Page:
Brittany Burgunder


🚫When you have buried guilt or shame, it can be easier to externalize the feelings onto your food choices. By doing this, you create a way to then judge yourself as good or bad. Short term, this can provide a false sense of control with managing your difficult feelings. It’s easier to believe you are “guilty” for eating a slice of cake, rather than address the deeper layers of internal distress.

But labeling food, and thereby labeling yourself, is a temporary fix. It provides a distraction by projecting your unwanted emotions onto food. The problem with this is you ultimately surrender yourself and relinquish your authority to something that has little meaning. Food has no moral value. And food has nothing in common with guilt!

The definition of guilt is: “a feeling of remorse for a moral offense or crime.” The definition of food is: “any nutritious substance that people or animals eat or drink or that plants absorb in order to maintain life and growth.” Guilt implies you did something wrong. You cannot commit a crime against a substance needed to maintain life.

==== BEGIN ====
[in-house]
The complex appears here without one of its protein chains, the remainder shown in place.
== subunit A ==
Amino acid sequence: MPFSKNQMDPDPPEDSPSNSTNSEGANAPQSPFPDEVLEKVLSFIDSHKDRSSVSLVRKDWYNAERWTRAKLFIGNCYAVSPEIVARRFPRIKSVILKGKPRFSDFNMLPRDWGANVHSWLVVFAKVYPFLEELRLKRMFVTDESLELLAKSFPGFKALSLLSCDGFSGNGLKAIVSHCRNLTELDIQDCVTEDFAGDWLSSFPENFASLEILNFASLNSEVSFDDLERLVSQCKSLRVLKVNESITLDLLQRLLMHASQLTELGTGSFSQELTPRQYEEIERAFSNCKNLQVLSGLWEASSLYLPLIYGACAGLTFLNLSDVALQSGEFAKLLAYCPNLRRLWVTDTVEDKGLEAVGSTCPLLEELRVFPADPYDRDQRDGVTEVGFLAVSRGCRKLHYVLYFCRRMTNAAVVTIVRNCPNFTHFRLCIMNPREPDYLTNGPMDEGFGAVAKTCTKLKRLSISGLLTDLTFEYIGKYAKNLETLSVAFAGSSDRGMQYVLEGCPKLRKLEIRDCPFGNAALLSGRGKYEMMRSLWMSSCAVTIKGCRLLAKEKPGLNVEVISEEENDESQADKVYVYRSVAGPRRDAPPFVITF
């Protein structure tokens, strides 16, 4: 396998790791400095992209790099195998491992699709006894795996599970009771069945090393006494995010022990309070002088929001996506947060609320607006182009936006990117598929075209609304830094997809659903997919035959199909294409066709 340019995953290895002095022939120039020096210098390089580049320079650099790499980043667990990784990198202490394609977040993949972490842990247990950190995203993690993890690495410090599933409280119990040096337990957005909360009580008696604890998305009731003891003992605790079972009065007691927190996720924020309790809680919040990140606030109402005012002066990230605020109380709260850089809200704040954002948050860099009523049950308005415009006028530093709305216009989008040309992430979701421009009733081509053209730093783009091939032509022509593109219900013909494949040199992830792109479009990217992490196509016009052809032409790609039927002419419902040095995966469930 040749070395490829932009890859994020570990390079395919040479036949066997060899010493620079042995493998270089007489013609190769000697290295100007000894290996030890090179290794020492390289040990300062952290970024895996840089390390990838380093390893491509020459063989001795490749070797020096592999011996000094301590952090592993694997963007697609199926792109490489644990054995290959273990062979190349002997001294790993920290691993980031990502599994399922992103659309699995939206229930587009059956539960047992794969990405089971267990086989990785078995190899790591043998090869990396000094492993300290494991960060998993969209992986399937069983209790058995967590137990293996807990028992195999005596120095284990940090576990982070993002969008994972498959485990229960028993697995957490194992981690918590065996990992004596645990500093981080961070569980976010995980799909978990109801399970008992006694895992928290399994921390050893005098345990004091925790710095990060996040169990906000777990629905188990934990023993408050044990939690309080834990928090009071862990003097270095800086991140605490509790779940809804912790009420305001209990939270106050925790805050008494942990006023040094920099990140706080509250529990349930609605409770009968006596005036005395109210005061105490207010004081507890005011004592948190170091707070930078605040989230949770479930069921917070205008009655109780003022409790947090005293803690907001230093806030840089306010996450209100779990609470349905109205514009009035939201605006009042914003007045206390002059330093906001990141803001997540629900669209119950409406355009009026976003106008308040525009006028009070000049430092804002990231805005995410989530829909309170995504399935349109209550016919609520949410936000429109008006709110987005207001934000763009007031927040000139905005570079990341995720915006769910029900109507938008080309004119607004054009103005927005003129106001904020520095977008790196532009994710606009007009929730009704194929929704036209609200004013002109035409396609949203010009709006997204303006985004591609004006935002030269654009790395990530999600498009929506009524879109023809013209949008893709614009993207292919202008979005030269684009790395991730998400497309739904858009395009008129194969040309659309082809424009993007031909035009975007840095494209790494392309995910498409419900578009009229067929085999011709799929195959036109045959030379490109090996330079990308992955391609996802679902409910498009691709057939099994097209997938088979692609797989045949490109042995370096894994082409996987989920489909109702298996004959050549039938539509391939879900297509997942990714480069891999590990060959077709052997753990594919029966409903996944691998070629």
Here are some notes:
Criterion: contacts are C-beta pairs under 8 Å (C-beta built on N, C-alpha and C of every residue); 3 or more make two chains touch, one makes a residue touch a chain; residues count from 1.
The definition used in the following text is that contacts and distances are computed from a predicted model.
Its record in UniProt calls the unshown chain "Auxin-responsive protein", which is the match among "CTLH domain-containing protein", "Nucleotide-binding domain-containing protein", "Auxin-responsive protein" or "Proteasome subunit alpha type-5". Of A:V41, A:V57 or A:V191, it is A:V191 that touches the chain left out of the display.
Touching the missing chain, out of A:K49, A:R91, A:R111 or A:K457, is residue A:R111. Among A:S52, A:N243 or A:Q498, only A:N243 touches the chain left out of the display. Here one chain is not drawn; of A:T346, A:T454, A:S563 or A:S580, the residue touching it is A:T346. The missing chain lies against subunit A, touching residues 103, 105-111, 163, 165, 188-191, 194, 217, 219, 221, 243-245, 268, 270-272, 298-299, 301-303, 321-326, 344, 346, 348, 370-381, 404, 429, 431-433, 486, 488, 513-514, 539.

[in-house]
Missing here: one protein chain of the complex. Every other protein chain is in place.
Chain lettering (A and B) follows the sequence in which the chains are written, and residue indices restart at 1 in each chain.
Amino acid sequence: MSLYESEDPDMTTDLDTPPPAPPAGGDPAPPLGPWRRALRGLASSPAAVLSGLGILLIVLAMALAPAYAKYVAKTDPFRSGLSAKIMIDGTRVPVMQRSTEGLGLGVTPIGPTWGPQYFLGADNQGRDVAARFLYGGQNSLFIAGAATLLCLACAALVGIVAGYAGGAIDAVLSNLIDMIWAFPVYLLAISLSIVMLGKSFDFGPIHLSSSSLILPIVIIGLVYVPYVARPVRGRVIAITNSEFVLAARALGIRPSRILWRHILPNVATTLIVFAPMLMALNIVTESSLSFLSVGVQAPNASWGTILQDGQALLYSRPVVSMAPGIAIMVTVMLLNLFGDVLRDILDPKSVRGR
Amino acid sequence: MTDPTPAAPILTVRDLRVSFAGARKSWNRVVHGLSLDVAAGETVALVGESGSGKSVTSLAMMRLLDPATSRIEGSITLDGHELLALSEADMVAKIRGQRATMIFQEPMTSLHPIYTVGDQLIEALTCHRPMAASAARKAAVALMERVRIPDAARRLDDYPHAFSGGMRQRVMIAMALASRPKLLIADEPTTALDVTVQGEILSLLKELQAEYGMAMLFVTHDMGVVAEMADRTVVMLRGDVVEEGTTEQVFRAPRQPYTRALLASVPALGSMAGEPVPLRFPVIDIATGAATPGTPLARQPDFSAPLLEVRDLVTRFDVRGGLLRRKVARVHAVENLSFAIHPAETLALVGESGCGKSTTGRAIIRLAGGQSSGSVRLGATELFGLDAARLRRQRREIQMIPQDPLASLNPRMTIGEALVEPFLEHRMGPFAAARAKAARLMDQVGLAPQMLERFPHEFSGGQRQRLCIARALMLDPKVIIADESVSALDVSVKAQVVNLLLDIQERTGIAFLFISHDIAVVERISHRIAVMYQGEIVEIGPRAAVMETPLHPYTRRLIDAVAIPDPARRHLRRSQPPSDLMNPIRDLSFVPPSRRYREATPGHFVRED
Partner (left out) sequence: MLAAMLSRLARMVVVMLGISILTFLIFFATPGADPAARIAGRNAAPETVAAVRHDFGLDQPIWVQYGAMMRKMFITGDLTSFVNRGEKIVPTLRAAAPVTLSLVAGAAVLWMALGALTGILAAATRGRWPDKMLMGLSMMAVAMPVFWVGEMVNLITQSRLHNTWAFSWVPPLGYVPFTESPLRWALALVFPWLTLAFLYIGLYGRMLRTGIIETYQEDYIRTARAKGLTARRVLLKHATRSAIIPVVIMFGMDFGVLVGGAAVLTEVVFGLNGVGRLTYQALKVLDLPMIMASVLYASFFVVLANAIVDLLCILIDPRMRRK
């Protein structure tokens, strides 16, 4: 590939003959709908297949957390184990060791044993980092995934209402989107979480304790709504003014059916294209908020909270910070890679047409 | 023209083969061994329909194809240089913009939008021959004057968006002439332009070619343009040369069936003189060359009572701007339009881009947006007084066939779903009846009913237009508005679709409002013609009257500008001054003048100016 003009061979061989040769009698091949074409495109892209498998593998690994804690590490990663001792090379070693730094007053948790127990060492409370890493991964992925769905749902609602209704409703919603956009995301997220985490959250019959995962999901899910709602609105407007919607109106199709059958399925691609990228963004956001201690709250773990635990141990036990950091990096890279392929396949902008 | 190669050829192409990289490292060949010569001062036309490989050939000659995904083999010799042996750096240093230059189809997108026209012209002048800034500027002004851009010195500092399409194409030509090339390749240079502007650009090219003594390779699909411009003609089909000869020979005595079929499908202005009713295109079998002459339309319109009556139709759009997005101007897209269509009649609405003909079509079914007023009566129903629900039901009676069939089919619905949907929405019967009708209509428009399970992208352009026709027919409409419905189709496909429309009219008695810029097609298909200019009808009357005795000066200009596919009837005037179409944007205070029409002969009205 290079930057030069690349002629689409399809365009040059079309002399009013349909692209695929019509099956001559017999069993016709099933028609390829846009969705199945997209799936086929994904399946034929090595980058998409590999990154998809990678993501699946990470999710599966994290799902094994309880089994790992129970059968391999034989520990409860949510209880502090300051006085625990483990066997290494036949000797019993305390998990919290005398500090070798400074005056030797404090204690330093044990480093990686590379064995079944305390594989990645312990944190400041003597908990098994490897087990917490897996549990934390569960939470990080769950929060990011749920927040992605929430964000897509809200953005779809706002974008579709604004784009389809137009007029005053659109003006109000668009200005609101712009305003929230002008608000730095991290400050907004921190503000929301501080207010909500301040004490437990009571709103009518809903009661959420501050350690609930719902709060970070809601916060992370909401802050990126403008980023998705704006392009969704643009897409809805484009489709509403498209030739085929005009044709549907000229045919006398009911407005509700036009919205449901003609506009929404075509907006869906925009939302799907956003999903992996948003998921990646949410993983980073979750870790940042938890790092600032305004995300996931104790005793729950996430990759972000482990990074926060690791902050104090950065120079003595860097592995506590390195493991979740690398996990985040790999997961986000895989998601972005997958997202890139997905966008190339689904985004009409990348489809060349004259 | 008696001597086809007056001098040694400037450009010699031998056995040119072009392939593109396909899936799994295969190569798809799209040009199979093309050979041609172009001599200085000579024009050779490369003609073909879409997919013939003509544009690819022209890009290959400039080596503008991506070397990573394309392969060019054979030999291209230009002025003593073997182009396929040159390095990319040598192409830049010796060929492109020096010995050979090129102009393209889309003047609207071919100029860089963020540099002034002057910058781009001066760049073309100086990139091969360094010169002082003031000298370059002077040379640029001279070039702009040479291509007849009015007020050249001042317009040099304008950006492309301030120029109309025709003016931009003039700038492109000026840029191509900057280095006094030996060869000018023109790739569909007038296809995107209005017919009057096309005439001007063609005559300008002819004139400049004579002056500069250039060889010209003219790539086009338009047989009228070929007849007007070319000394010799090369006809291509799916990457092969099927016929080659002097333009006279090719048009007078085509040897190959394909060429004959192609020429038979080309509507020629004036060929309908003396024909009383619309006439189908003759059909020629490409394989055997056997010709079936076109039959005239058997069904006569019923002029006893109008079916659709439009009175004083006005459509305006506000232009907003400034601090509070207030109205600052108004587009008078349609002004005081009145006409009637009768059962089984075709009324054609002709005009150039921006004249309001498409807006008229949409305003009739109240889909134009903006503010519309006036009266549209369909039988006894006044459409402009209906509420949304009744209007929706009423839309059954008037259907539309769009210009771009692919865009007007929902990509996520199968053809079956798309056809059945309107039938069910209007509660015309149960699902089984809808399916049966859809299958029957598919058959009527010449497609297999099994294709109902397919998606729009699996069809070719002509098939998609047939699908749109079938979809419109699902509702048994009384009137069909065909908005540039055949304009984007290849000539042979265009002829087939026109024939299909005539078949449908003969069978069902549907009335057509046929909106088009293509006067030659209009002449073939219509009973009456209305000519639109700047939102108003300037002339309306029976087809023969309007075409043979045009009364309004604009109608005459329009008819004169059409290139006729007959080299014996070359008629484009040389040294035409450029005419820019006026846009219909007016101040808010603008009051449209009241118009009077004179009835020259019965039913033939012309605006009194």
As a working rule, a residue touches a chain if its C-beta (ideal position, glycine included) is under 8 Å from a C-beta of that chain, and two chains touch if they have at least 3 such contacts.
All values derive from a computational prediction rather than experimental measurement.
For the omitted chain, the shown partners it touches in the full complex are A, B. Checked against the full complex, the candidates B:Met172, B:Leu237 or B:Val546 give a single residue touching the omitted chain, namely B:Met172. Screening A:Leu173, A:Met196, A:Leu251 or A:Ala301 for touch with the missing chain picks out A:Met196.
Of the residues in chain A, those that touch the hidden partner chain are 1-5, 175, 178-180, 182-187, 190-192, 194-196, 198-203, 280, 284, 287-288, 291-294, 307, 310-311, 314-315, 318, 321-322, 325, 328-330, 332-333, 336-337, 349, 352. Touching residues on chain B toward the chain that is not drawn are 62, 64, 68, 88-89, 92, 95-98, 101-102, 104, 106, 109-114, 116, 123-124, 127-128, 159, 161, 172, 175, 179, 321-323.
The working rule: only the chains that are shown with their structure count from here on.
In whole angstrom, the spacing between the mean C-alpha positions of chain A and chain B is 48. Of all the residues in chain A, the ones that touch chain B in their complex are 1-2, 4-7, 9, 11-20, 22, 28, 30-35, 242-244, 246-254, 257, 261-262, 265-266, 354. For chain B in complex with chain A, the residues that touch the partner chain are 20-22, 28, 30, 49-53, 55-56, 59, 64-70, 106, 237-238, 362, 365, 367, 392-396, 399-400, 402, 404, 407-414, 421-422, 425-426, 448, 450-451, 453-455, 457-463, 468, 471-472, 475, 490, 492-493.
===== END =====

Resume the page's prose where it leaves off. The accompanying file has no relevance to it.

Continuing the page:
If you privately eat a piece of cake, you’re not going to suddenly become someone different. It’s not like anyone who might mock or humiliate you even saw you do it. Likewise, you’re not going to suddenly change if you eat a salad. Nobody is going to praise you for that. No one will know whether you ate cake or a salad except you in your own mind!

Remind yourself that food is necessary and neutral. Food is not good or bad, black or white, or all or nothing. And it holds no ability or power to judge your decisions. Food is a substance you’re always worthy of —not something to base your worth on. ~Britt💜

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